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Forex reserves under pressure

Food, fuel costs fire up import payments

Siddique Islam | January 06, 2018 00:00:00

Bangladesh's foreign-exchange reserves (forex) came under pressure following higher external payments, particularly as food and fuel costs fired up the bills.

Sources said import payments swelled as consumer items, including food-grains and fuel oils, cost higher.

The reserves fell below US$32 billion Thursday following a routine payment to the Asian Clearing Union (ACU) against imports during the November-December period of the last calendar year, according to officials.

After the payment, the country's forex reserves came down to $32 billion on Wednesday from $33.11 billion of the previous working day, according to the central bank's latest statistics. It was $31.999 billion on Thursday.

The officials of the central banker, however, expect that the pressure on reserves may ease gradually in the coming months following a steady growth in export earnings alongside an uptrend in inward remittances.

"We hoped that the existing trend in both export earnings and the flow of inward remittances may continue in the coming months," a senior official of the Bangladesh Bank (BB) told the FE on Friday over phone.

The banker also hinted that the import pressure may fall slightly next month as most of the deferred-payment LCs (letter of credit) are set to be settled by the end of this month.

But the import-settlement pressure may rise after a couple of months for settling import-payment obligations particularly for capital machinery, he explained.

The actual import in terms of settlement of LCs grew by 8.25 per cent or $1.57 billion to $20.59 billion in the five months of the ongoing fiscal year (FY) from $19.02 billion in the same period of the previous fiscal.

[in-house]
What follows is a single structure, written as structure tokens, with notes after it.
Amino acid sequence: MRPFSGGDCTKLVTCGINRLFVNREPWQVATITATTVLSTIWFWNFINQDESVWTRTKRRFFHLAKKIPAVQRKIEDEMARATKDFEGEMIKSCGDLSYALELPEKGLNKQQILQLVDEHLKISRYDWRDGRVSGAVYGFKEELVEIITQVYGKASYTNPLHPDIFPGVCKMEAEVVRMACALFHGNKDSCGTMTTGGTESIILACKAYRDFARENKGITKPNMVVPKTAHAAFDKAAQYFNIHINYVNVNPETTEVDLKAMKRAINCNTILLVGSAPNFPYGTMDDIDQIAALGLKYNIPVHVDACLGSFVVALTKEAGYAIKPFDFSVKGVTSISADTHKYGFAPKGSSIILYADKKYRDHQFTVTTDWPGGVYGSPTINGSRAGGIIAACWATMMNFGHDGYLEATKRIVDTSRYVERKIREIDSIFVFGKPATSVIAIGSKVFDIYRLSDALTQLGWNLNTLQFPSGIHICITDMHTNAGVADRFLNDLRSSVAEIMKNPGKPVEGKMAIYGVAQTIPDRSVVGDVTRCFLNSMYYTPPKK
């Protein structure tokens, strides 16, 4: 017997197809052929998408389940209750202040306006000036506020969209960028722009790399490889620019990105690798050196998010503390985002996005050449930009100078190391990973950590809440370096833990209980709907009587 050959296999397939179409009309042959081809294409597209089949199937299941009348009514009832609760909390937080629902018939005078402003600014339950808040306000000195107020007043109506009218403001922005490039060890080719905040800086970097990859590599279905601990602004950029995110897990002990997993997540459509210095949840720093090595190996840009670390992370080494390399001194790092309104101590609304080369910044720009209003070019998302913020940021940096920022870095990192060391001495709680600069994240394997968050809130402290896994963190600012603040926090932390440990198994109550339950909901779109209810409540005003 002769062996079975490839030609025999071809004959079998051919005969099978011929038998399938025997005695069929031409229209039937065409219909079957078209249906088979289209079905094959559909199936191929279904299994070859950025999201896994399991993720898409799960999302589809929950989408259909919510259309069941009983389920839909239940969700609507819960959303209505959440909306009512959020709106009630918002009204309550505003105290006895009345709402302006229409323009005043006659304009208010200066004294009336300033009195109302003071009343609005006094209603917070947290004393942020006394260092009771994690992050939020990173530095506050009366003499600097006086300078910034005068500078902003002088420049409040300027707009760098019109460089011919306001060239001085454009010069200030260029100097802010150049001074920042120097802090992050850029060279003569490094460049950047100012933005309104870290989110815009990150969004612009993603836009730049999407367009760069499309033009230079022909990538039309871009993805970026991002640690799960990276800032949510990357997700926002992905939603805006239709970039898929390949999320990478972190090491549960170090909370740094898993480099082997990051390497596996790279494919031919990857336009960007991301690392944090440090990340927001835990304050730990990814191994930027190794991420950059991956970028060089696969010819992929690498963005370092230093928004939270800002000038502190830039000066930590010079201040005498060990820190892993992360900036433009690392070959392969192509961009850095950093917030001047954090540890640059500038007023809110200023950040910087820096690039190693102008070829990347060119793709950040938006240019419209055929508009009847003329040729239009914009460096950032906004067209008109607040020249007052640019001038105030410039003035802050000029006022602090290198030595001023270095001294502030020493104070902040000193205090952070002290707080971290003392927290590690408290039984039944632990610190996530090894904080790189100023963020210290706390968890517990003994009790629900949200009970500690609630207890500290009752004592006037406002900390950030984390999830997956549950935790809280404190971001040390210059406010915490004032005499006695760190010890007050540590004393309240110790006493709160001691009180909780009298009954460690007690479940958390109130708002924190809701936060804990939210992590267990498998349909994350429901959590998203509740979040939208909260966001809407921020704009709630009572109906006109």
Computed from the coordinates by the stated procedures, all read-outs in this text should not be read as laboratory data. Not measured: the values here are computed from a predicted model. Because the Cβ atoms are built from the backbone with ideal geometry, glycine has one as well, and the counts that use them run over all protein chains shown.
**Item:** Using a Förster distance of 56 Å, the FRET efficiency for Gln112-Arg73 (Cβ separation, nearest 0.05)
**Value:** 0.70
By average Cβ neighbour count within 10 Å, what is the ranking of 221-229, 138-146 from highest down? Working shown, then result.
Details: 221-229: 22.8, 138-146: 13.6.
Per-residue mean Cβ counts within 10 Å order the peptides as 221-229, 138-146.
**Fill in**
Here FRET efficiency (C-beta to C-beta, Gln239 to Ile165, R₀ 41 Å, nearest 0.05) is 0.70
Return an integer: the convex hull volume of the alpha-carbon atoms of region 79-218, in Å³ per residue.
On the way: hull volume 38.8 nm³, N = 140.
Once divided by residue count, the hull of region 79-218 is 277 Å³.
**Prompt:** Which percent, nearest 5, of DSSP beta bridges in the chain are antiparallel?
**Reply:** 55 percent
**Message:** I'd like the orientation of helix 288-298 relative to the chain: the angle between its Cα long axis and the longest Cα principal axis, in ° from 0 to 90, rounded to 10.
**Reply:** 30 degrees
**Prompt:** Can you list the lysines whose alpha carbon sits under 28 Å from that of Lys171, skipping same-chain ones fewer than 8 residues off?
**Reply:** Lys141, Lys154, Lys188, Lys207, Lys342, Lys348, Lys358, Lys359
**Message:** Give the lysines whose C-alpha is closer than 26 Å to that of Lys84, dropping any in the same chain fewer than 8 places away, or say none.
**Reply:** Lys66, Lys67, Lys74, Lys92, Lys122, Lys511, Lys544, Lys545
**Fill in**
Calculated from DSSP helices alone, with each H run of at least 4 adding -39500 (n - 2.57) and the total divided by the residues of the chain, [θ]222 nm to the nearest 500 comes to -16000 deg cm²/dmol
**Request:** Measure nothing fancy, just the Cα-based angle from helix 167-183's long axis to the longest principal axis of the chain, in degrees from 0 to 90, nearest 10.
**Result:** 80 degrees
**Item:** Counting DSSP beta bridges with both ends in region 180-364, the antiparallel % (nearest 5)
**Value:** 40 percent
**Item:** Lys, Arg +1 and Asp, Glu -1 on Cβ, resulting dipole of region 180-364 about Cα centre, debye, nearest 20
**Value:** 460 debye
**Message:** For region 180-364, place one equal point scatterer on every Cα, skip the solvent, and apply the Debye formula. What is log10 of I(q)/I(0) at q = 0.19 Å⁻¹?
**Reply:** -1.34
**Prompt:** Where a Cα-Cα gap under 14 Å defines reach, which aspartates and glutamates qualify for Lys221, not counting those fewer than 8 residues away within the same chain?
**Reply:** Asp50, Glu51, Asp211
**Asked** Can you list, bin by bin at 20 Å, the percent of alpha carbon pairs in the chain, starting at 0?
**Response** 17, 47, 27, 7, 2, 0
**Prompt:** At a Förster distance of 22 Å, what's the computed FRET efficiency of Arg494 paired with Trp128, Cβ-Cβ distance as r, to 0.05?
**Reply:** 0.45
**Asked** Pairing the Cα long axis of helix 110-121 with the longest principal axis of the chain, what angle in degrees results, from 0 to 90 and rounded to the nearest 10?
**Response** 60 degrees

On the other hand, the opening of LCs, generally known as import orders, rose by 91.25 per cent or US$17.06 billion to $35.75 billion during the July-November period of the FY 2017-18 from $18.69 billion in the same period of the FY 17.

Actually, the country's overall import orders almost doubled in the first five months of the FY 18 as the opening of LC worth a large amount for setting up Rooppur Nuclear Power Plant (NPP) swelled the bill.

Bangladesh Atomic Energy Commission (BAEC) opened the LC worth $ 11.38 billion through the state-owned Sonali Bank Limited to import different items, including capital machinery, to build the plant.

The LC will be settled under buyer's credit. So it will not put any extra pressure on the local market as well as on the country's foreign- exchange reserves immediately, according to another BB official.

"Actually, the overall import orders increased despite deducting the figure of Rooppur NPP LC mainly due to higher import orders for capital machinery particularly for setting up new power plants," the BB official noted.

However, the import orders accounted for $ 24.37 billion in the five months of the FY 18 after deduction of the figure of Rooppur NPP LC.

He also said the actual imports increased during the period under review due to higher import of consumer goods including food-grains and petroleum products.

The import of consumer goods rose by 64.21 per cent to $3.23 billion in the five months from $1.96 billion in the same period of the previous fiscal year.